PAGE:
ASL Airlines France Charter: Heraklion, Mahon, Olbia, Paphos, Rhodes, Santorini 2
Austrian Airlines Vienna 2
Blue Air Bucharest 1A
British Airways London–Heathrow 1A
Brussels Airlines Brussels 2
Chalair Aviation Limoges 2
Croatia Airlines Seasonal: Split 2
easyJet[9] Amsterdam, Barcelona, Berlin–Schönefeld, Bordeaux, Brest, Budapest, Copenhagen, Edinburgh, Faro, Kraków, Lisbon, London–Gatwick, London–Luton, Madrid, Marrakech, Nantes, Naples, Porto, Rome–Fiumicino, Toulouse, Venice–Marco Polo, Vienna
Seasonal: Ajaccio, Bastia, Belfast–International, Biarritz, Bristol, Catania, Dubrovnik, Figari, Ibiza, London–Southend, Manchester, Minorca, Mykonos, Olbia, Palermo, Palma de Mallorca, Split, Stockholm–Arlanda
1B
Emirates Dubai–International 2
Eurowings Düsseldorf 2
Eurowings
operated by Germanwings
Düsseldorf 2
Flybe[10] Birmingham, Manchester, Southampton 1A
Flybe
operated by Stobart Air
London-Southend (begins 1 May 2017)[11] 1A
Germania Seasonal charter: London–Gatwick 1A
HOP! Aurillac, Biarritz, Bologna, Bordeaux, Brest, Brive, Brussels, Caen, Gothenburg, La Rochelle, Lille, Marseille, Metz/Nancy, Milan–Malpensa, Nantes, Nice, Paris–Orly, Pau, Poitiers, Prague, Rennes, Rome–Fiumicino, Strasbourg, Toulouse, Venice–Marco Polo
Seasonal: Bastia, Florence, Toulon
2
HOP!
operated by Air France
Bordeaux, Nantes, Nice, Toulouse
Seasonal: Paris–Orly
2
HOP!
operated by Twin Jet
Luxembourg, Marseille 2
Iberia
operated by Air Nostrum
Madrid
Seasonal: Palma de Mallorca
1A
Iberia Express Madrid
Seasonal: Tenerife–South
2
Jet2.com Seasonal: Manchester 2
KLM Amsterdam 2
KLM Cityhopper Amsterdam 2
Lufthansa Frankfurt, Munich 2
Lufthansa Regional
operated by Air Dolomiti
Munich 2
Lufthansa Regional
operated by Lufthansa CityLine
Munich 2
Monarch Airlines Seasonal: London-Gatwick 2
Montenegro Airlines Seasonal: Podgorica 1A
Nouvelair Seasonal: Djerba, Monastir (begins 21 June 2017),[12] Tunis 1A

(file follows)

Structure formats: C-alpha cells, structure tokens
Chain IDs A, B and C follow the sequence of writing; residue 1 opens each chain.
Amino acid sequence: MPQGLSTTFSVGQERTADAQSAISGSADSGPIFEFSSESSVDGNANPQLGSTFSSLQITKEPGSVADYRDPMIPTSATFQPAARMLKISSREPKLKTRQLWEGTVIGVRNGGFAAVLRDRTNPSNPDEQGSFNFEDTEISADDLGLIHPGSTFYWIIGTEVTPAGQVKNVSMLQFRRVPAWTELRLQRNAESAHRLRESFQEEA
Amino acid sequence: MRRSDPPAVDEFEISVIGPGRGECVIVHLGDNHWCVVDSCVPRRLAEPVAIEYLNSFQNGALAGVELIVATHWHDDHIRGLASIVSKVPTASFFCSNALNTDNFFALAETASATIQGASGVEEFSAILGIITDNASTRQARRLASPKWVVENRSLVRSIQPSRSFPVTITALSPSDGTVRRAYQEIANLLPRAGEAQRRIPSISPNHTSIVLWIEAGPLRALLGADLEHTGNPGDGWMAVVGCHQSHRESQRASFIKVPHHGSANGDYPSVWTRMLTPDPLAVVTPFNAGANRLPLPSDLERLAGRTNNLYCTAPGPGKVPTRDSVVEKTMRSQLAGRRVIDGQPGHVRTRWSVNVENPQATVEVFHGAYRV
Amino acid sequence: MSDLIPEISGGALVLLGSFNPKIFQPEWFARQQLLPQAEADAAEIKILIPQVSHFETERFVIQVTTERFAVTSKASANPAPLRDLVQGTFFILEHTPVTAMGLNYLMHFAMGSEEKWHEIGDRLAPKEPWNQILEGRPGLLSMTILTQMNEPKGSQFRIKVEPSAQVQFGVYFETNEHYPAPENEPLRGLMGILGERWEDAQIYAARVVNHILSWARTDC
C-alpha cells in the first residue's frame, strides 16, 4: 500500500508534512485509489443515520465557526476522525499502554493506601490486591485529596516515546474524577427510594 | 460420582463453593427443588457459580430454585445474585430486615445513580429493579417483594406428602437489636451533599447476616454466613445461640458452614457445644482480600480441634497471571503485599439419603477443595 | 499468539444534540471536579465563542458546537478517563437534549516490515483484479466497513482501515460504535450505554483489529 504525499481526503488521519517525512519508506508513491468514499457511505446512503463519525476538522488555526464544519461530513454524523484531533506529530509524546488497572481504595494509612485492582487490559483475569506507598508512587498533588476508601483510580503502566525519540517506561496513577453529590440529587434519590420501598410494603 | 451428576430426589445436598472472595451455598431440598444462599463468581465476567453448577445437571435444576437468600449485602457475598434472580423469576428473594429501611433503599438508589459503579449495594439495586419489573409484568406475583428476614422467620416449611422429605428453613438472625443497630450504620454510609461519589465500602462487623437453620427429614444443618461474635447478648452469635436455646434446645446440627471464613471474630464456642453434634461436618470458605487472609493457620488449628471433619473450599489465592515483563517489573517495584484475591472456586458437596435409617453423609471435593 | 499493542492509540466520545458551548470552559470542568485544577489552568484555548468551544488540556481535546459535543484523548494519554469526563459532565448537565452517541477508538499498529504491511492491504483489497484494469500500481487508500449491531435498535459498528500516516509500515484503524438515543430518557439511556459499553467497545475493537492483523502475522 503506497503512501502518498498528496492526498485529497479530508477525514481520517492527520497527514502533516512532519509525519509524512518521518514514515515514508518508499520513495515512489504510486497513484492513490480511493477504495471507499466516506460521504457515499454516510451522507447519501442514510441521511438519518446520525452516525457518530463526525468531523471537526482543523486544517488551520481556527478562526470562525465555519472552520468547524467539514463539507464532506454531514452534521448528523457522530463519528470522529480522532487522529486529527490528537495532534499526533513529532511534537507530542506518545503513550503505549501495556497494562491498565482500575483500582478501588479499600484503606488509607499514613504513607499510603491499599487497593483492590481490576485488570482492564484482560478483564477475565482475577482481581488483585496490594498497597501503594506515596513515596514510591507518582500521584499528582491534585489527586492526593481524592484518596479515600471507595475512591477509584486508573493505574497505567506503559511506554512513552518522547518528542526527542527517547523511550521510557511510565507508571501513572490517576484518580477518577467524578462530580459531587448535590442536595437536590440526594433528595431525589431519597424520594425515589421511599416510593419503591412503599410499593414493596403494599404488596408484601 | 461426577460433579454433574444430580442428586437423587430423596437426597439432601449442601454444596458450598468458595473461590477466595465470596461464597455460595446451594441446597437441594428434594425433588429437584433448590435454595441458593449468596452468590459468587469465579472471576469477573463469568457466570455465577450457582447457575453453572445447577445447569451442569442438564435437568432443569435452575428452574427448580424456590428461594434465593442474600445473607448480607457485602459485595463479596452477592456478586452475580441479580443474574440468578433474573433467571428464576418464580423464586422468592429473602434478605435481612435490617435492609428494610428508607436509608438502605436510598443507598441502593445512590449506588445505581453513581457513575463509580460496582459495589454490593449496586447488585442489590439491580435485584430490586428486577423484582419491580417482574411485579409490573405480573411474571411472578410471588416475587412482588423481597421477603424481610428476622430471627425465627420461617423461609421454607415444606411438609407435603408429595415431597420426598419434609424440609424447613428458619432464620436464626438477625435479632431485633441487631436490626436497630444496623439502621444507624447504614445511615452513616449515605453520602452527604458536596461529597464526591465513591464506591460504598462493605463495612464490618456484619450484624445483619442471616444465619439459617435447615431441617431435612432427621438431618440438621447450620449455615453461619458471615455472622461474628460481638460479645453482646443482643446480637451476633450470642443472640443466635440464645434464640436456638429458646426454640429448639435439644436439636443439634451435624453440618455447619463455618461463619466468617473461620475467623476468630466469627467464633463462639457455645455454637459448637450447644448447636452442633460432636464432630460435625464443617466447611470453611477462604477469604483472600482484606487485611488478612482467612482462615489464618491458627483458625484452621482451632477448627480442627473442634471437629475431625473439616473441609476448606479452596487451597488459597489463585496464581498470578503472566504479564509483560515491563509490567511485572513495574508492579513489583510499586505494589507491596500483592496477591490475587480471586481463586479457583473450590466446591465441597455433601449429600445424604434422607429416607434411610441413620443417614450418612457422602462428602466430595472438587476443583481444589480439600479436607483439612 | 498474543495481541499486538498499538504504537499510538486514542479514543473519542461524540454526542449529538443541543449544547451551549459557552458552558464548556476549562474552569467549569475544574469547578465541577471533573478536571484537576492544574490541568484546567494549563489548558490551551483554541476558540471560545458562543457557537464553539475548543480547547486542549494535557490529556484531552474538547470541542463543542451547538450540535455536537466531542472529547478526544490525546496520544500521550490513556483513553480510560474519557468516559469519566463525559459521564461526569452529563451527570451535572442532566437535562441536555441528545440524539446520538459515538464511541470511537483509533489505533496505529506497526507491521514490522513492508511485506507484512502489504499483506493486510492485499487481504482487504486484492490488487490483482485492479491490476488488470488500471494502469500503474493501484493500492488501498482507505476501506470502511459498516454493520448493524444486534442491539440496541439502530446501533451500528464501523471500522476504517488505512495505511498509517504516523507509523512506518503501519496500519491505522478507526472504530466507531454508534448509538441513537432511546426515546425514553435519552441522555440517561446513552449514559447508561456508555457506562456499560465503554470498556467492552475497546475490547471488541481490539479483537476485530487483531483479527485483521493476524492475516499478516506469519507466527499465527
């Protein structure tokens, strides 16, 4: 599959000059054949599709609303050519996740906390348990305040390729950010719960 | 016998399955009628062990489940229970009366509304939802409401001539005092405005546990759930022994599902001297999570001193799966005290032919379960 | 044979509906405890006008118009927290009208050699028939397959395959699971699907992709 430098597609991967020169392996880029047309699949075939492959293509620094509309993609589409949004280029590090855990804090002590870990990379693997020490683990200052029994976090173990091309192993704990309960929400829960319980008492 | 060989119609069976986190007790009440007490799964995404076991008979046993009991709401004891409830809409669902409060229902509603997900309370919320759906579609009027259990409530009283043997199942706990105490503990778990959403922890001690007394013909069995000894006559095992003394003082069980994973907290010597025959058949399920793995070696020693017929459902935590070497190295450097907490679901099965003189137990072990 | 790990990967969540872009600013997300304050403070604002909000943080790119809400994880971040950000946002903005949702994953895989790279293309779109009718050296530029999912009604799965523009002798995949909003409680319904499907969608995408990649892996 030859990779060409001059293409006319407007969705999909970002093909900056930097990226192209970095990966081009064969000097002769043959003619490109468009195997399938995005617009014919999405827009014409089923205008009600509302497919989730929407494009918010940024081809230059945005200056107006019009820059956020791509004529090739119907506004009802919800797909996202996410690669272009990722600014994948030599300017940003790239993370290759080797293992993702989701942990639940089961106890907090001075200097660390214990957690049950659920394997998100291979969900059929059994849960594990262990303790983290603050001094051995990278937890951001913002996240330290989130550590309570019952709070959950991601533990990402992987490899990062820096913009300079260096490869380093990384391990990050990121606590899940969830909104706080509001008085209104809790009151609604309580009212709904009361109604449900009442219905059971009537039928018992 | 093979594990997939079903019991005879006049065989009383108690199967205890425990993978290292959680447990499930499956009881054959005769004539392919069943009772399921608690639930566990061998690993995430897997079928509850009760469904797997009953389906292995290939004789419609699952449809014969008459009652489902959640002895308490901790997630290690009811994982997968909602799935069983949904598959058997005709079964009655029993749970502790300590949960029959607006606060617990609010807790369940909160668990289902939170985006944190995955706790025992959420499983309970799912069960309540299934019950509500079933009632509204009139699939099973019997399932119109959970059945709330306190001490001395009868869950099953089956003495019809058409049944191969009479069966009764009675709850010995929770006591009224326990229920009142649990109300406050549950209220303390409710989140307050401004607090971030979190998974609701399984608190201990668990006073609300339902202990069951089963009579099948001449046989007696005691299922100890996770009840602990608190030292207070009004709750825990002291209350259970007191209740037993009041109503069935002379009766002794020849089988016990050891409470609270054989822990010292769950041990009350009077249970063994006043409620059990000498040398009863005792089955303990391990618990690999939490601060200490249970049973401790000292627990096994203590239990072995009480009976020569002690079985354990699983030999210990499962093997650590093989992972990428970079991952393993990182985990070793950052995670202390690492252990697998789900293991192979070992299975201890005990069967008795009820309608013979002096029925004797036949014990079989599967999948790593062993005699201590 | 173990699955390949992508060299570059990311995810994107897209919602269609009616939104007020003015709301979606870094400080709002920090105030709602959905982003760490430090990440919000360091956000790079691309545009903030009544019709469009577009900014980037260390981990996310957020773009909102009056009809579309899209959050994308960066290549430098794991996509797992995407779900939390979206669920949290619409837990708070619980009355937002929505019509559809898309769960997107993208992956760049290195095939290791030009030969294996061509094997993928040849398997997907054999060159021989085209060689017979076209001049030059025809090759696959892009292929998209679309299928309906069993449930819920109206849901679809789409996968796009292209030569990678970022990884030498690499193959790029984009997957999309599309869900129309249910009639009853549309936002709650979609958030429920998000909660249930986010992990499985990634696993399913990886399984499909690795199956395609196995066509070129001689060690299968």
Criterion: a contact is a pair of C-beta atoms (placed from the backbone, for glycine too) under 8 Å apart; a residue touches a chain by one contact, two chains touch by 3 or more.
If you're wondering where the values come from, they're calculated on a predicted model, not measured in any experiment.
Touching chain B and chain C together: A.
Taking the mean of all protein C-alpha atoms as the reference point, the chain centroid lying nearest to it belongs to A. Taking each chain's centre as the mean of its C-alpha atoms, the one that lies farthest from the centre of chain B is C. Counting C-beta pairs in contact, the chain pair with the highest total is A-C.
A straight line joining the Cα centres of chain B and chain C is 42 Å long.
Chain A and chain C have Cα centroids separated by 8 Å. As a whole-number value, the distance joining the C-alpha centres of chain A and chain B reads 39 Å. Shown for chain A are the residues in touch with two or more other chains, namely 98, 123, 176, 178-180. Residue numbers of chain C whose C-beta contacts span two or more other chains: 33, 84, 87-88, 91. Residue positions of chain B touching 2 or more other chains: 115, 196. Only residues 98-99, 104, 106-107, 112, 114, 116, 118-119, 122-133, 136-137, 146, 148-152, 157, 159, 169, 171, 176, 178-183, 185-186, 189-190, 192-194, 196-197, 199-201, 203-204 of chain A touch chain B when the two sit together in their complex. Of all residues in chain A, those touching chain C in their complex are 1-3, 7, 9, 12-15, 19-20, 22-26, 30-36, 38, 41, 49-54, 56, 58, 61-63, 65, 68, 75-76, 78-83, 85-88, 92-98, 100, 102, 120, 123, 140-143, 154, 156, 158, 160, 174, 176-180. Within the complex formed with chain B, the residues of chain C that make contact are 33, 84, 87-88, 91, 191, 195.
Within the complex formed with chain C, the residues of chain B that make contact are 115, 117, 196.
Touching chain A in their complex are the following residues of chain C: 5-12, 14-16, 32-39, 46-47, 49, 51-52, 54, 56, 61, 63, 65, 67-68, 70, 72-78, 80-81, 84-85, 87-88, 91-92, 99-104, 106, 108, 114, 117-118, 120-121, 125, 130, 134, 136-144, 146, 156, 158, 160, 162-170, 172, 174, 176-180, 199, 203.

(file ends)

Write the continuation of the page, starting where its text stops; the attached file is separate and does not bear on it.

Pegasus Airlines Istanbul–Sabiha Gökçen 1B
Royal Air Maroc Casablanca, Marrakech 2
SmartWings
operated by Travel Service
Seasonal: Fuerteventura (begins 30 April 2017)[13], Funchal (begins 20 April 2017)[14], Gran Canaria (begins 30 April 2017)[15], Palermo (begins 21 April 2017)[16], Prague (begins 25 May 2017)[17], Tenerife South (begins 29 April 2017)[18] 1A
Swiss International Air Lines
operated by Austrian Airlines
Zürich 2
Swiss International Air Lines
operated by Swiss Global Air Lines
Zürich 2
TAP Portugal
operated by TAP Express
Lisbon 1A
Transavia France[19] Agadir, Algiers, Funchal, Lisbon, Monastir, Porto, Tel Aviv–Ben Gurion, Tunis
Seasonal: Athens, Faro, Heraklion, Marrakesh, Oujda, Rhodes, Seville, Valencia
1B
Travel Service Charter: Fuerteventura, Funchal-Madeira, Gran Canaria, Heraklion, La Palma, Lanzarote, Olbia, Tenerife 1A
TUIfly Belgium[20] Agadir
Seasonal: Burgas (begins 13 May 2017),[21] Marrakech
Seasonal charter: Heraklion, Ibiza, Kerkyra, Kos, Menorca, Olbia, Palermo, Palma de Mallorca, Rhodes, Tenerife–South
1A
Tunisair Djerba, Monastir, Tunis 1A
Turkish Airlines Istanbul–Atatürk 1A
Twin Jet Stuttgart 2
Vueling Barcelona, Málaga, Rome–Fiumicino
Seasonal: Palma de Mallorca, Seville
1A
Wizz Air Warsaw-Chopin (begins 30 June 2017) 1B
WOW Air Seasonal: Reykjavik-Keflavik 2
XL Airways France Saint–Denis de la Réunion
Seasonal: Pointe-à-Pitre (begins 1 January 2018), Punta Cana
1A

Cargo[edit]

Airlines Destinations
Air Algérie Cargo Algiers, Oran
ASL Airlines Belgium Liège, Tunis
ASL Airlines France Paris–Charles de Gaulle
DHL Aviation
operated by DHL Air UK
Leipzig/Halle
Emirates SkyCargo Dubai–Al Maktoum
FedEx Express
operated by ASL Airlines Ireland
Marseille, Paris–Charles de Gaulle
UPS Airlines
operated by Star Air
Cologne/Bonn, Toulouse

Ground transportation[edit]

Rail[edit]

The Rhônexpress tramway began operations in August 2010 and links the TGV railway station of Lyon Part-Dieu with the Gare de Lyon-Saint Exupéry in less than 30 minutes (€15 single in 2013).[22][23] This new tramway replaced the coach shuttle services (Satobus) that operated beforehand.

Coach[edit]

Coach links connect the airport with the centre of Lyon and other towns in the area including Grenoble (at least once an hour) and Chambéry. Bus operators also offer a coach shuttle service to Place Bellecour and the surrounding French ski resorts, including Tignes, Val d'Isere, Val Thorens and more.

See also[edit]

References[edit]

External links[edit]

Media related to Aéroport de Lyon-Saint Exupéry at Wikimedia Commons